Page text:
One way of adapting to this competitive environment is to create smaller, more flexible products, which are often run by very small teams or even a single person. Micro SaaS products are often extensions or add-ons to larger products that aim to optimize the experience for particular industries. 

Because such products are lower risk and are relatively inexpensive to run, we might see a substantial boost in the number of micro SaaS products, especially the ones aiming to serve narrower customer groups and niches. 

Lempod is a good example of a micro SaaS. The app does just one thing – it boosts your organic reach on LinkedIn.

Other examples of thriving micro SaaS apps include Everhour (a time tracking app), Mealime (a meal-planning app), and Complice (a planning app).

5. Everything goes mobile

As the world is gradually moving into a more mobile-first era, we’ll certainly start seeing more SaaS products heading in the same direction. This, of course, comes with a wide array of challenges, especially in the design side of things—creating interfaces that will accommodate neurodiverse and senior users, as well as people that are suffering from sight and hearing impairment. 

The areas that are projected to see most attention in 2022 are:

  • Improved accessibility features;

  • Enhanced mobile personalization; 

  • AR and VR-based immersive mobile experiences;

  • Enhanced responsivity, gesture design, and ML-based intuitive filtering abilities; 

An example of a mobile version of a primarily web SaaS platform – HubSpot. Source.

6. Low-code apps

No-code and low-code development platforms have been on everyone’s radar for the last few years, and the SaaS industry is no exception. Given that low-code platforms are significantly more accessible to the average person, they allow less “techy” startups and individuals to enter the scene, thus allowing to diversify the market.


This overwhelming accessibility comes with a host of other benefits. Less code implies lower costs, which means that developers, designers, and product executives can spend more time and money on innovation and addressing the industry’s more pressing issues. Similarly, low-code platforms will allow startups to create quick MVPs, enabling them to test more solutions at a faster pace.

Some of the famous low-code app examples include Zapier, Airtable, Webflow, and Typeform.


7. Vertical SaaS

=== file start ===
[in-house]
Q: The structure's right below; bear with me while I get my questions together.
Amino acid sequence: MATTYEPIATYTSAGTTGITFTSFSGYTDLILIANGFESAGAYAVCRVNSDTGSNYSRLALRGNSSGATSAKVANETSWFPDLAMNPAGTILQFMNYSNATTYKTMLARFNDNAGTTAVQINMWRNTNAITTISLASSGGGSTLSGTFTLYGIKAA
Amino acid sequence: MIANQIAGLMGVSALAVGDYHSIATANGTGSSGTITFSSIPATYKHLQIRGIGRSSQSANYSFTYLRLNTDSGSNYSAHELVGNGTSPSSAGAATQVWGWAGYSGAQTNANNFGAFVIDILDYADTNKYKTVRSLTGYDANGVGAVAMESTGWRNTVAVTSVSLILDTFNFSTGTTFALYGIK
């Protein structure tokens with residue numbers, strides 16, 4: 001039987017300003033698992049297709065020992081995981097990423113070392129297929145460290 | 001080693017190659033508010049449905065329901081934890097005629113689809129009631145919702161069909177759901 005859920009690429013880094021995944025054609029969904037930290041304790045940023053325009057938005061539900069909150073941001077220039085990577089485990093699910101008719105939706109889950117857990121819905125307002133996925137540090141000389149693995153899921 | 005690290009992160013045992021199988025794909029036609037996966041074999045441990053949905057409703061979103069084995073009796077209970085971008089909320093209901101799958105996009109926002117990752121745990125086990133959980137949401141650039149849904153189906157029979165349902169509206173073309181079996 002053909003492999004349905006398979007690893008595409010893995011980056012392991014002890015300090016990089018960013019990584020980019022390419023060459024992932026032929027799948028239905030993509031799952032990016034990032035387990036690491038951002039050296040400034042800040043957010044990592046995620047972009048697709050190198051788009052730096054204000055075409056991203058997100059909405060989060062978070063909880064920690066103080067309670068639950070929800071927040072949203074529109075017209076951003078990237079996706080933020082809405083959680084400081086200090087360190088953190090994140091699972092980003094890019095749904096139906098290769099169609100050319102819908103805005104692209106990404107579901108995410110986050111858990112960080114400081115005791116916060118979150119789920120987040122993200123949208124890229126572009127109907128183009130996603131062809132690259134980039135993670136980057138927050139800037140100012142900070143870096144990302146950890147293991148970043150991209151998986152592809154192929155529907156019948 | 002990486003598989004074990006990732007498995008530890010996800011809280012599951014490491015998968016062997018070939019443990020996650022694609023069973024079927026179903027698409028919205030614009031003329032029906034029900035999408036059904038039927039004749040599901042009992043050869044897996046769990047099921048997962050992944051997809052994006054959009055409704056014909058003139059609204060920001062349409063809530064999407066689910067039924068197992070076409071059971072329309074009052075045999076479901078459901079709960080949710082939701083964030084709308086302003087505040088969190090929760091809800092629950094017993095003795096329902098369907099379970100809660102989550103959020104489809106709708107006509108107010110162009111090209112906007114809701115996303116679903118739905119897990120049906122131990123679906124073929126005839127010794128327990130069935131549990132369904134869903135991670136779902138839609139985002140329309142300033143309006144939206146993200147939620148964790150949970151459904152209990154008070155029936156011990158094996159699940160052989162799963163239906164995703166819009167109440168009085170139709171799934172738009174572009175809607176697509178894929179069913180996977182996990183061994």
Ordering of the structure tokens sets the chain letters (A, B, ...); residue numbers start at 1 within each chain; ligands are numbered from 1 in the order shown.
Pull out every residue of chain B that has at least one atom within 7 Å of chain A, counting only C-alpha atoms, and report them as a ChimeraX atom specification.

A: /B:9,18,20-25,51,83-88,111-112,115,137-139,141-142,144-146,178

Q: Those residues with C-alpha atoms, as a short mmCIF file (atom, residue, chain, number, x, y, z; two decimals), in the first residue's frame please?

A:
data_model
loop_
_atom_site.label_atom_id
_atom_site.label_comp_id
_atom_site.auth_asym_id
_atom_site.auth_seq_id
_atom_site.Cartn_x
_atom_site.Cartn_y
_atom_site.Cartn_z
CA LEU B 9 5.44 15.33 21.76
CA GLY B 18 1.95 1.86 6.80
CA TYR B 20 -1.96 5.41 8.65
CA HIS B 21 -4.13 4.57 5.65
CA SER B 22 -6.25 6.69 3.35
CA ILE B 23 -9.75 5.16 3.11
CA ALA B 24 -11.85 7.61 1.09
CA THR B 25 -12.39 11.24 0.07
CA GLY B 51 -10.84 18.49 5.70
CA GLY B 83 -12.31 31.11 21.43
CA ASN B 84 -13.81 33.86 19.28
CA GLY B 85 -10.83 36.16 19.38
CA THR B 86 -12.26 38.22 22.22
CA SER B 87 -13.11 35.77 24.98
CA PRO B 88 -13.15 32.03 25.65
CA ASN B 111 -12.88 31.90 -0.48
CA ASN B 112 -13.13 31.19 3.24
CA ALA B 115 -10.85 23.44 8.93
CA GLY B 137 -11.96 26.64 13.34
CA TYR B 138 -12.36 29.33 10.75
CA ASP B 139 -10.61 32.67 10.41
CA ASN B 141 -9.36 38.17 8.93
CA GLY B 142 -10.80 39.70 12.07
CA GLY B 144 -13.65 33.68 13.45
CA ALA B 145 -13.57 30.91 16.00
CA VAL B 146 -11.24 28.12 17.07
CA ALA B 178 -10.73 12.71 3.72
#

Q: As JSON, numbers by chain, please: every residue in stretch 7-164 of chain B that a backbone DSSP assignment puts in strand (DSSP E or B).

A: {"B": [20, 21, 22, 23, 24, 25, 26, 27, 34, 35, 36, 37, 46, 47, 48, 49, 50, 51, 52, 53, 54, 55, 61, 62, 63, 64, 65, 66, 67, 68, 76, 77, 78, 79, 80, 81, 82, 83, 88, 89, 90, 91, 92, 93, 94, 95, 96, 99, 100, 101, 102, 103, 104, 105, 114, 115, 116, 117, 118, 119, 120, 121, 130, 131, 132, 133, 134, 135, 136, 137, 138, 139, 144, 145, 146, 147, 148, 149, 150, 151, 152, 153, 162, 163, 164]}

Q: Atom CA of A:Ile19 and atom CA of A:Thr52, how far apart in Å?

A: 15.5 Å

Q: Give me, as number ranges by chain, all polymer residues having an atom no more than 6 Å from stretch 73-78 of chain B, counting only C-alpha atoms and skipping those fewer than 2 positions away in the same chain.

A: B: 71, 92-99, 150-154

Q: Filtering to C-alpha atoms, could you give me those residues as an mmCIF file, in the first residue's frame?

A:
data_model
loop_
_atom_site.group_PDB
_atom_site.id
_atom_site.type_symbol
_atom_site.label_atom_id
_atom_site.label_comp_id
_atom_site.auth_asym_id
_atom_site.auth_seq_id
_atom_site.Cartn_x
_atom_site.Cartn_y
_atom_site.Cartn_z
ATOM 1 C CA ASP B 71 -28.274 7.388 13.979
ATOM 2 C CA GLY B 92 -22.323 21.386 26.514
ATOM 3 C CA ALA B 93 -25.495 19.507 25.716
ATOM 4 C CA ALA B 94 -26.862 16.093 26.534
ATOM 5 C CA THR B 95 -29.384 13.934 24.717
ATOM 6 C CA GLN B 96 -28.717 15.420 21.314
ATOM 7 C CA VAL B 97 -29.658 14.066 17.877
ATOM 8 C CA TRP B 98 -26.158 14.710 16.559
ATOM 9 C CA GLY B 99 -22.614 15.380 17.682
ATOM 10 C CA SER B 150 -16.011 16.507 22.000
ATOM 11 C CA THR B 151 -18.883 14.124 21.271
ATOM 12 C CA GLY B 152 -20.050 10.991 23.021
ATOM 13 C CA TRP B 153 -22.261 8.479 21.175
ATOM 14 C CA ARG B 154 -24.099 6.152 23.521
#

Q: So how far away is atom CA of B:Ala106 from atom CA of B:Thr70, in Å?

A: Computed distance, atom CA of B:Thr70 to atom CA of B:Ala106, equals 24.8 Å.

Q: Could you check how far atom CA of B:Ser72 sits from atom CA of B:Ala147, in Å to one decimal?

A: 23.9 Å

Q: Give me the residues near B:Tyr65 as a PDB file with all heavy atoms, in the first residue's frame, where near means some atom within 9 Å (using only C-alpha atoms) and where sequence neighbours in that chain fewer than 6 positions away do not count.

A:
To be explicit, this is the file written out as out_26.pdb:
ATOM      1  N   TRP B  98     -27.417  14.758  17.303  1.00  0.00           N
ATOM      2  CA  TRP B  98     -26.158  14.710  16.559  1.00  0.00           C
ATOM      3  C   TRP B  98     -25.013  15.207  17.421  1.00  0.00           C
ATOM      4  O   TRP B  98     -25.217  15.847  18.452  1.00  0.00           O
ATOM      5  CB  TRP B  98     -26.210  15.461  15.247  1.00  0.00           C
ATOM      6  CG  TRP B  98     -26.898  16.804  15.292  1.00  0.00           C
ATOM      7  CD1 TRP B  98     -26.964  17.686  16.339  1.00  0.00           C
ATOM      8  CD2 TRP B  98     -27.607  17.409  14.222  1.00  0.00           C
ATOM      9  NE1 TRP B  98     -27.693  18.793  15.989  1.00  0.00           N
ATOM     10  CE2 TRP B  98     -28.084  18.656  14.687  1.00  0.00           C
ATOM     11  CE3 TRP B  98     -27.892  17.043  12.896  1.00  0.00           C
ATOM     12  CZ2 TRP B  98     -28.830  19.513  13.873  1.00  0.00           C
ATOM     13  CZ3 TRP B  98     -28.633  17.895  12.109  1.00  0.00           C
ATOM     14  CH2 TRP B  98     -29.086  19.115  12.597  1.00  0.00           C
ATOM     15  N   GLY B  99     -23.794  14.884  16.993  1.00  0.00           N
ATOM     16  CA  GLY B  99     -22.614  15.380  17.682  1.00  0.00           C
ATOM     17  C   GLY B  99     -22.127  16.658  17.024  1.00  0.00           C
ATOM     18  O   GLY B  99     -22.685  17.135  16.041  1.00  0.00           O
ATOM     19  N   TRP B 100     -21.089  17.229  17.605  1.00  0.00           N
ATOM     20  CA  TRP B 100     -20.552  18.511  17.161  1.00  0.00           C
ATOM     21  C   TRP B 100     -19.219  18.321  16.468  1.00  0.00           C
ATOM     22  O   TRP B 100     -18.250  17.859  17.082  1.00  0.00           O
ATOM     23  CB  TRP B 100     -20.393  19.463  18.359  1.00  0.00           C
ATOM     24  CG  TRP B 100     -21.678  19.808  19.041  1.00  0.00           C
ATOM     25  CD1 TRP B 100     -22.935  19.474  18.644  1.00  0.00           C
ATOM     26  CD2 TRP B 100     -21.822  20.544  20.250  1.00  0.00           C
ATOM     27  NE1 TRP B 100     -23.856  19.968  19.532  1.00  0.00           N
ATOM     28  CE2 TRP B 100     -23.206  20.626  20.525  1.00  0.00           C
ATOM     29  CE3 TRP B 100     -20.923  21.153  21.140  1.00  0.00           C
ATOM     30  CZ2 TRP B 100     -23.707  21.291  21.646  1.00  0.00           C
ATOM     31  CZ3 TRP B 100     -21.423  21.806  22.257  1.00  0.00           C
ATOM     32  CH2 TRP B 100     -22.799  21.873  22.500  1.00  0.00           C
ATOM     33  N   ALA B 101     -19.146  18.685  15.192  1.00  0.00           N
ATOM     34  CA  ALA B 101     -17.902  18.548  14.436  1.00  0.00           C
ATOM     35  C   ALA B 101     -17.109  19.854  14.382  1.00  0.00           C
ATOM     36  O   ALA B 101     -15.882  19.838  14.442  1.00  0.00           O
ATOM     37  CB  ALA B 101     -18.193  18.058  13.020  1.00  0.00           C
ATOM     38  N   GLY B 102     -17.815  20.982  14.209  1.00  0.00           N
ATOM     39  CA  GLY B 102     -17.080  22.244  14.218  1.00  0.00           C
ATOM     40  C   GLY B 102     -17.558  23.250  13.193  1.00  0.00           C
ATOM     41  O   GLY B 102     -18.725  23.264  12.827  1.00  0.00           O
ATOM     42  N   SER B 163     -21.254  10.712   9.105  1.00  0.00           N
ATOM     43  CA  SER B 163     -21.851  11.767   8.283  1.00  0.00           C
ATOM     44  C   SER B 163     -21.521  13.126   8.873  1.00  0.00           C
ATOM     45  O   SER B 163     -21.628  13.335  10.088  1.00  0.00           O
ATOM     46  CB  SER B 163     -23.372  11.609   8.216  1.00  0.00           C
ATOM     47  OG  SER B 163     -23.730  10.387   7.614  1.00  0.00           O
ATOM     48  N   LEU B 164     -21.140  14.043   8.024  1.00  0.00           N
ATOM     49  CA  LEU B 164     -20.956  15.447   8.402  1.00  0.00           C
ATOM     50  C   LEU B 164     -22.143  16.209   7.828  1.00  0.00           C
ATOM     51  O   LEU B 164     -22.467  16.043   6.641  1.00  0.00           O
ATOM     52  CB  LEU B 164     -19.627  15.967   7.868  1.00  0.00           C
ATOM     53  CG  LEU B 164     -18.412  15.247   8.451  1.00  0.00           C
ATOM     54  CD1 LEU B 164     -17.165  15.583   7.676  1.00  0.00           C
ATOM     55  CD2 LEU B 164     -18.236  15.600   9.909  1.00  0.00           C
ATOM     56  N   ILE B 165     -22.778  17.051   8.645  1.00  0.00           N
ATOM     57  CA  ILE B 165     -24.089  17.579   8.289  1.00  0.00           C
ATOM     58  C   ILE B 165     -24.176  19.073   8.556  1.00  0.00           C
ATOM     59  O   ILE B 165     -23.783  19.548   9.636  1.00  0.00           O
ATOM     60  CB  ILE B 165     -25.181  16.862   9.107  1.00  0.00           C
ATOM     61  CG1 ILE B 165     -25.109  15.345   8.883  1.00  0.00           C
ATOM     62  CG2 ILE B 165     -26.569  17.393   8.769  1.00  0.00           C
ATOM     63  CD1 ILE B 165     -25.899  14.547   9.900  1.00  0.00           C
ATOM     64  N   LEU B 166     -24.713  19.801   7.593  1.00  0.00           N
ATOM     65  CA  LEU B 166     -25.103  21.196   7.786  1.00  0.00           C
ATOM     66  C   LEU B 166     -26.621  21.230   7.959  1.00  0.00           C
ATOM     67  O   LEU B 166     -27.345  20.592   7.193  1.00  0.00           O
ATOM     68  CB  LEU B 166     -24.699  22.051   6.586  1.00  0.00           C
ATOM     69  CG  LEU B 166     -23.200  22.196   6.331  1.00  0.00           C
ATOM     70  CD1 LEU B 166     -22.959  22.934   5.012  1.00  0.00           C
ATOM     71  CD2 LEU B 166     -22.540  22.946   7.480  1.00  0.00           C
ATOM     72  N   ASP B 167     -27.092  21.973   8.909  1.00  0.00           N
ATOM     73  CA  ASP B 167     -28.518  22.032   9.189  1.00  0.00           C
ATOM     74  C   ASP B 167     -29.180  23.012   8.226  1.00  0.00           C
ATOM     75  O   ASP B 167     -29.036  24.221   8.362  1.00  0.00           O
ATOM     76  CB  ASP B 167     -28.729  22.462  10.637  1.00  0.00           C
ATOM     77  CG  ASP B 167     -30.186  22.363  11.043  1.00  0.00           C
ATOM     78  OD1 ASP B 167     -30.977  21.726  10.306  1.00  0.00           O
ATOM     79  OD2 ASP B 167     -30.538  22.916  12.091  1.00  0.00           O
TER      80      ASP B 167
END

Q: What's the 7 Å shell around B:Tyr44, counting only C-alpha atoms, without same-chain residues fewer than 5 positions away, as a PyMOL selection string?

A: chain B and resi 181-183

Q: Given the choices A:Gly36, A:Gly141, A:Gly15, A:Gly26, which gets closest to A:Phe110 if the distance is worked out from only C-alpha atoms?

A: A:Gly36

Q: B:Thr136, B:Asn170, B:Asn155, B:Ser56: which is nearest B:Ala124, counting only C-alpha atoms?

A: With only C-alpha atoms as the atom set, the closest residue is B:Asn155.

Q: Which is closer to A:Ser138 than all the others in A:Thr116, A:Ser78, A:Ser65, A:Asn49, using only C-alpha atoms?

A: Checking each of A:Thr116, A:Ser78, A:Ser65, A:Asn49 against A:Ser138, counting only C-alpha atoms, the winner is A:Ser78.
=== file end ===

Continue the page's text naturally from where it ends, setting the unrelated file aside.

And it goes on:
The fundamental difference between horizontal and vertical SaaS is their focus. The former, as the name suggests, provides solutions to a wide array of industries. At the same time, the latter is a product that aims to cater to a narrower audience, typically within a single niche. 


Vertical SaaS is a comfortable and cost-effective solution for many businesses, given the industry-tailored solutions. This enhanced flexibility will ensure greater revenue and lower expenses on customer acquisition.

Some of the notable examples of a vertical SaaS include BioIQ (medical sphere), Guidewire (insurance), Innovacer (healthcare).


Vertical SaaS also applies to seemingly broad use cases but within niches that cannot extract optimal value from more generic platforms, such as marketing. For instance, in the case of dentistry it makes sense to select a marketing platform that is perfectly pitched to grow your dental practice, covering everything from SEO and content to reputation management, all with an industry-specific twist.

This trend is only set to spread in the coming years, since it is getting easier for SaaS vendors to create vertical products like this, without incurring costs that make doing so hard to justify from a financial perspective.


SaaS will undoubtedly be an exciting space in 2022. As the industry adopts a broad spectrum to modern tech like machine learning and low-code development, we’re bound to experience a paradigm shift in the way businesses and customers use services. 

Need help building your SaaS app?

We help you to resolve Activation, Retention Rate and Conversion issues.

Exclusive UX Articles & Strategies

for Startups, UX Designers & Entrepreneurs